Another question I always get asked as a photographer of a certain age (say, over 50) is whether I miss film. The answer is no, nope, never. I feel no nostalgia, no sentimentality, nothing. I realize that film is becoming cool again, and I say, go for it kids, but I used it for 25 years, mainly shooting slide film with an exposure latitude of about 1/2 stop, maximum. What does that mean? It means shooting in terrible, contrasty light, like the Cambodian jungle in December, was hard. Very hard. It meant having to carry multiple cameras with different speed films because you can’t simply change your ISO when the light shifts and the sun sets. Does well exposed film have lovely grain structure and colors? Sometimes. When the light is good and your exposures are perfect. But take it into tough situations, and you better have some serious skills.
The photographs below are from my last real film assignment in 2008 for Geo Magazine in Germany. I traveled with a Cambodian and French archeological team by car, motorcycle and foot through former Khmer Rouge territories in Preah Vihear that had been cut off by nearly 40 years of war, to map Angkorian temples and sites. For two weeks we humped through the jungle, me carrying bags of Provia 100 and Kodak E200 slide film, searching for and mapping sites, some only a few cut stones, some entire temples, still lost in the jungles. We used local guides to find the sites (and take us through mined areas) since these temple and sites were never really lost to the people in the area, only to scientists. The light was horrible once the sun came up. Dark and bright areas falling as the tropical sun fell through the trees onto people, trees and temples. I always worked my a Sekonic light meter around my neck, always updating light readings, bracketing by 1/2 stops when unsure.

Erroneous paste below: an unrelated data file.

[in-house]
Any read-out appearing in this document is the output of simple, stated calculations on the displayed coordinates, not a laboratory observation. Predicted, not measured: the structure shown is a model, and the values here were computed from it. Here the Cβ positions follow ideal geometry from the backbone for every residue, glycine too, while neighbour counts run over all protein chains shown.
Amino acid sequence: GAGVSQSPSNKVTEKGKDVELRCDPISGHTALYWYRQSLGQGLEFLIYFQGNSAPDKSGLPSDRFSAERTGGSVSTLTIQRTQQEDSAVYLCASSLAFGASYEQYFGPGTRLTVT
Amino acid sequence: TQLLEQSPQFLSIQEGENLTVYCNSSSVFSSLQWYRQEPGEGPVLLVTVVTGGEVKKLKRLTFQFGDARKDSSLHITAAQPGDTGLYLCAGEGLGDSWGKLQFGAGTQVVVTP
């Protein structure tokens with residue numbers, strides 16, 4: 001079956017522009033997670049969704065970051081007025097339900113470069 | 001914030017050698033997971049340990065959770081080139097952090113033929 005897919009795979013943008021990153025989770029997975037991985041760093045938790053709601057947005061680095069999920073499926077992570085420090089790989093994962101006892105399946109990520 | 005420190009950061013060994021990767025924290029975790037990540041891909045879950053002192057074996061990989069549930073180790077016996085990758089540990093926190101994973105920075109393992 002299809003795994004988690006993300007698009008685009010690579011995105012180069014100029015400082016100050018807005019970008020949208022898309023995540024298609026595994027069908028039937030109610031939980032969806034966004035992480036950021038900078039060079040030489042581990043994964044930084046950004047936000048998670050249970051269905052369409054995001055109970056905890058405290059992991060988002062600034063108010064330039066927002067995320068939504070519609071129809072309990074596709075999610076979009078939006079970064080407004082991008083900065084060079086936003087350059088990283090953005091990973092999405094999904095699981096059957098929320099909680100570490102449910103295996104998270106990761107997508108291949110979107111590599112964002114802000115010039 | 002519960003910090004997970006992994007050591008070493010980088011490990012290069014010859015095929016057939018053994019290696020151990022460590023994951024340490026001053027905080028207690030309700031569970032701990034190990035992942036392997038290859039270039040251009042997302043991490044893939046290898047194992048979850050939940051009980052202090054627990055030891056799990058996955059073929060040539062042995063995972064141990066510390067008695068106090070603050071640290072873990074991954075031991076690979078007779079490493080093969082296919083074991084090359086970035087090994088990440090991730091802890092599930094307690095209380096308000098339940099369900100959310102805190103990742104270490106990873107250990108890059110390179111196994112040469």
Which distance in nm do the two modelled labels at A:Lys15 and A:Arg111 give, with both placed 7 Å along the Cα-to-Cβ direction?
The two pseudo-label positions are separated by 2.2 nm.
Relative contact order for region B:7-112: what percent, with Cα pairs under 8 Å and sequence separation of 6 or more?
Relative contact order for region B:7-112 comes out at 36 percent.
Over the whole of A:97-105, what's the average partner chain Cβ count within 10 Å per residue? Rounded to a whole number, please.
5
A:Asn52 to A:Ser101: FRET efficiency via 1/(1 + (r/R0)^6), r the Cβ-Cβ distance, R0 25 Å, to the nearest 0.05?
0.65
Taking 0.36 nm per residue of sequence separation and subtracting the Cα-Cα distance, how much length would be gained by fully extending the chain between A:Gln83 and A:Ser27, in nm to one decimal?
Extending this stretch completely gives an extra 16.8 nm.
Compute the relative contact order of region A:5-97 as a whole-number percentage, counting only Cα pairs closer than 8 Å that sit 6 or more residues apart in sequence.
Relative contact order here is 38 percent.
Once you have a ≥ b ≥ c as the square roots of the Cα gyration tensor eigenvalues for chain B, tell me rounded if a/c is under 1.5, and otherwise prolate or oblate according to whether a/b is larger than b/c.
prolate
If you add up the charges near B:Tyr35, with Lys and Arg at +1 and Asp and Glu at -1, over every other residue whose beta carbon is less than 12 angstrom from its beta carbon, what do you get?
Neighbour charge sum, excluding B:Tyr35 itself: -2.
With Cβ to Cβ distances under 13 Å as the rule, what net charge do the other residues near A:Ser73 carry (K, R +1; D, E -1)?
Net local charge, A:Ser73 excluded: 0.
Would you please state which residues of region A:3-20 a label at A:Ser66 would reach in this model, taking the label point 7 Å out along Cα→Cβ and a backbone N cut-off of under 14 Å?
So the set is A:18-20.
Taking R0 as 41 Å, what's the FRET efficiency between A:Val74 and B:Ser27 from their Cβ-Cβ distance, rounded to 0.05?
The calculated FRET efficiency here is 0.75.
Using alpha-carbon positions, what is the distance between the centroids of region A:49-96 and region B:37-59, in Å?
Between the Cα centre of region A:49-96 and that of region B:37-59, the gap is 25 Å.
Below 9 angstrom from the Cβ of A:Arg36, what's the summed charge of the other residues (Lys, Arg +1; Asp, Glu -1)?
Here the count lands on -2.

So I find it humorous that film today has become hipster cool, photographers today paying $30 for a roll of Fuji negative and another $30 to process, that I would have paid $15 total for 20 years ago. I understand the urge, and film is absolutely a valuable tool to teach you about exposure and shooting with limited frames, pacing yourself makes you a better photographer. But I’ve been there and done that, and to be honest, 90% of what young photographers are shooting with film today simply isn’t that good.
The medium is not always the message.
Unless you shoot black and white film, then I get it.